Hallucination Generation (1966)

90 mins | Melodrama | December 1966

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HISTORY

The 7 Jul 1965 DV reported that the film, provisionally titled The Drifters, would be shot on location in the Spanish cities of Madrid and Barcelona. Ely Landau was credited as one of the producers, although his name does not appear on screen. (verified) The 5 May 1965 Var announced that principal photography would begin later that month.
       An article in the 29 Jun 1966 Var stated that the film, retitled Hallucination, was based on the recent killing of a Spanish businessman by a young American under the influence of lysergic acid diethylamide (LSD). Herbert R. Steinmann of SRS Productions claimed that most of the lead actors were “exposed to the effects” of the drug, although none were under the influence while filming was underway. To demonstrate the effects on screen, the main story was shot in black and white, with hallucination sequences in color. Writer-director Edward Andrew Mann reportedly studied medical reports on LSD, interviewed users, and tape-recorded reactions of people under its influence, as references for the cast. The character “Eric,” played by veteran actor George Montgomery, was supposedly based on Dr. Timothy Leary, a psychology professor at Harvard University who gained notoriety as an advocate for LSD experimentation.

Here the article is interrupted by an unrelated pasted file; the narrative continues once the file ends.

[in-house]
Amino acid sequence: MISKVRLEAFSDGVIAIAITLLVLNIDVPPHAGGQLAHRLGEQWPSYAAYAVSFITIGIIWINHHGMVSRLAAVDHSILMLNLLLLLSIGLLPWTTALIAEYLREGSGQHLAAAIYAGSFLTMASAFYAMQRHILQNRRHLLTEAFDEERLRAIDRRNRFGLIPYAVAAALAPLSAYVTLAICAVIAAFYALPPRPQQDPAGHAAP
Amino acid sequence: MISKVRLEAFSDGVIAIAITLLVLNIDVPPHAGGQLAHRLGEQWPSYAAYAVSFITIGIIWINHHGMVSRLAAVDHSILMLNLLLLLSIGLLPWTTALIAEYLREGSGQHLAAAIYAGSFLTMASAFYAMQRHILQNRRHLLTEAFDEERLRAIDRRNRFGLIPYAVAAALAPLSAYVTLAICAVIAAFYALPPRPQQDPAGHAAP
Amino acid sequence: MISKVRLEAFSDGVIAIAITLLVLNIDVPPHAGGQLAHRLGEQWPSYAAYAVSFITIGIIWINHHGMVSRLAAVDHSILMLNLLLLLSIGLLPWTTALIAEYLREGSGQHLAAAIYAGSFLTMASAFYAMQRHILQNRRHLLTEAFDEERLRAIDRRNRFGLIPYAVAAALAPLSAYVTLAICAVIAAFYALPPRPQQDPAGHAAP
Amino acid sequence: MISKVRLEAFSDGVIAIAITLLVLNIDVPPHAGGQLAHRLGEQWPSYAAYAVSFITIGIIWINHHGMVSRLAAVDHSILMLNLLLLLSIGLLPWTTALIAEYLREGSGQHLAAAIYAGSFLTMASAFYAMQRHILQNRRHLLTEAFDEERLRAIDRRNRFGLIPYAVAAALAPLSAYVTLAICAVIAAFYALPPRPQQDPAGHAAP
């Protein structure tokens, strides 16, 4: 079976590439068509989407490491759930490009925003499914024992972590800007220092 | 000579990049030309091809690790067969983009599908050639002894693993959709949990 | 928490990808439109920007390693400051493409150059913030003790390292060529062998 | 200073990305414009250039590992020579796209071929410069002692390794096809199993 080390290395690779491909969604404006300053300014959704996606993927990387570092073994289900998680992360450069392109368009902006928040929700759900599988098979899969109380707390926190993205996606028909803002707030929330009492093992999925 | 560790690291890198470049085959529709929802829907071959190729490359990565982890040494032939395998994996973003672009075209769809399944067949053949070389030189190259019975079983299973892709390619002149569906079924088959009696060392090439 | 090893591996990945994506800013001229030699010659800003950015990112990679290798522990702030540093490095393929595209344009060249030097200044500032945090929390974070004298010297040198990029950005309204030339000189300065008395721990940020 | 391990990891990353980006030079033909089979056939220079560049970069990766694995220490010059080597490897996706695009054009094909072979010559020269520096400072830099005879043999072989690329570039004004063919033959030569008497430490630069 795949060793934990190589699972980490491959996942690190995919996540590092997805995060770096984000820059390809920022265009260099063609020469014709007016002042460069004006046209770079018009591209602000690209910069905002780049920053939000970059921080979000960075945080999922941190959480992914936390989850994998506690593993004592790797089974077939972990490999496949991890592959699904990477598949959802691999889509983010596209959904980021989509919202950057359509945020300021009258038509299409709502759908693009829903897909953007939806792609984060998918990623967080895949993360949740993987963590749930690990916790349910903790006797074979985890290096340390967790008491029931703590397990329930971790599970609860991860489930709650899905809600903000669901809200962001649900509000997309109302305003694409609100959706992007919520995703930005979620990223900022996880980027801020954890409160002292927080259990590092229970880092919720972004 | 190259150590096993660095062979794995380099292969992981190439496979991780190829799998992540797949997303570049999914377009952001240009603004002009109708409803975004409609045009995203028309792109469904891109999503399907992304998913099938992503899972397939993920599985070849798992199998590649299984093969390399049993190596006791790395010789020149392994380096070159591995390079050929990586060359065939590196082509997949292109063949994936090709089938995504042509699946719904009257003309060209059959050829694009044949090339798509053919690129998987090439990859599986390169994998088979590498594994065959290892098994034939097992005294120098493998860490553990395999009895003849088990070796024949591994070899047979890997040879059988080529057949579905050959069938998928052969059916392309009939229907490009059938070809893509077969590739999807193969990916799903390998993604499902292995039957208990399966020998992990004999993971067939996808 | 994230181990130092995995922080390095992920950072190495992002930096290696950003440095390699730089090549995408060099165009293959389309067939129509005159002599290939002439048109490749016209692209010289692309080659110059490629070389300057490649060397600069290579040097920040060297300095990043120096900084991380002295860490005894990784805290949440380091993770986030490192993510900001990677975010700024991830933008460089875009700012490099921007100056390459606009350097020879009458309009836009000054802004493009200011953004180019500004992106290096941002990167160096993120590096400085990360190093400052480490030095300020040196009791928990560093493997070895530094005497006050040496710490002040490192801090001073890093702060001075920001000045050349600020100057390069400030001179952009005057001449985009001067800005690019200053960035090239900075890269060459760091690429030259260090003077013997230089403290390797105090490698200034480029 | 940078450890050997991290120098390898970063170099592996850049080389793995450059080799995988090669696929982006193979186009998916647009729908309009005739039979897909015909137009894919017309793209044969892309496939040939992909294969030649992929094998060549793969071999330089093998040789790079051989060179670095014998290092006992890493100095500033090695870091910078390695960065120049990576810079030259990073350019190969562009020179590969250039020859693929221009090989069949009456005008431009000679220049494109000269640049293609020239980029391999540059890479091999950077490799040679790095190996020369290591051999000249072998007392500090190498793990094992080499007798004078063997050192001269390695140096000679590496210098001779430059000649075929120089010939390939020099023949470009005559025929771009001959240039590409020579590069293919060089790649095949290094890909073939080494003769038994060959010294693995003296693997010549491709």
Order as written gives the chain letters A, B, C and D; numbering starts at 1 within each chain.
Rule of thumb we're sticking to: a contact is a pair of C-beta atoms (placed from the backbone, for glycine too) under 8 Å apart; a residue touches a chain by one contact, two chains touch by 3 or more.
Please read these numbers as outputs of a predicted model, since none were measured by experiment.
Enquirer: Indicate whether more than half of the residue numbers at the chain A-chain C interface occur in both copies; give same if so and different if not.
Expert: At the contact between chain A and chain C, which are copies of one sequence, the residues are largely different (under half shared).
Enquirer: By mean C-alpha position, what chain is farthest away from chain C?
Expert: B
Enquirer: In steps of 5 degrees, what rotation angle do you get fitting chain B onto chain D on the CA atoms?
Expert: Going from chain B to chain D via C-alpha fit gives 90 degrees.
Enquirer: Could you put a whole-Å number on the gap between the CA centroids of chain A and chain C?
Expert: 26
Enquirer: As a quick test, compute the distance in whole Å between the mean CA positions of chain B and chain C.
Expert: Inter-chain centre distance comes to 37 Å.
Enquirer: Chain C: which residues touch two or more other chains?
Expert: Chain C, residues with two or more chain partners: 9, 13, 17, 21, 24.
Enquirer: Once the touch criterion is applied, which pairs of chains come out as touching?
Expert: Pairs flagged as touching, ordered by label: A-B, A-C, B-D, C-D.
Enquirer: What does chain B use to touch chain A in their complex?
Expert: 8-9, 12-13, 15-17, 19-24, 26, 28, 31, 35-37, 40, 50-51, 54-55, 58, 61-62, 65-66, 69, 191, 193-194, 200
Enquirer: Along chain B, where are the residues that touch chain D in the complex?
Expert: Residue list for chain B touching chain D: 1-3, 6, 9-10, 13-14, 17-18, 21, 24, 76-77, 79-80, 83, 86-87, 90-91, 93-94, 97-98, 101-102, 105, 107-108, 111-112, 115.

Production was completed over the course of a year, with location shooting in Barcelona and on the Spanish coastal island of Ibiza. Steinmann estimated the budget at $1 million, identifying “the color camera effects” as a major expense. The article also noted that Steinmann’s prior career was in wholesale drugs.
       The 1 Jun 1966 Var ... More Less

The 7 Jul 1965 DV reported that the film, provisionally titled The Drifters, would be shot on location in the Spanish cities of Madrid and Barcelona. Ely Landau was credited as one of the producers, although his name does not appear on screen. (verified) The 5 May 1965 Var announced that principal photography would begin later that month.
       An article in the 29 Jun 1966 Var stated that the film, retitled Hallucination, was based on the recent killing of a Spanish businessman by a young American under the influence of lysergic acid diethylamide (LSD). Herbert R. Steinmann of SRS Productions claimed that most of the lead actors were “exposed to the effects” of the drug, although none were under the influence while filming was underway. To demonstrate the effects on screen, the main story was shot in black and white, with hallucination sequences in color. Writer-director Edward Andrew Mann reportedly studied medical reports on LSD, interviewed users, and tape-recorded reactions of people under its influence, as references for the cast. The character “Eric,” played by veteran actor George Montgomery, was supposedly based on Dr. Timothy Leary, a psychology professor at Harvard University who gained notoriety as an advocate for LSD experimentation.
       Production was completed over the course of a year, with location shooting in Barcelona and on the Spanish coastal island of Ibiza. Steinmann estimated the budget at $1 million, identifying “the color camera effects” as a major expense. The article also noted that Steinmann’s prior career was in wholesale drugs.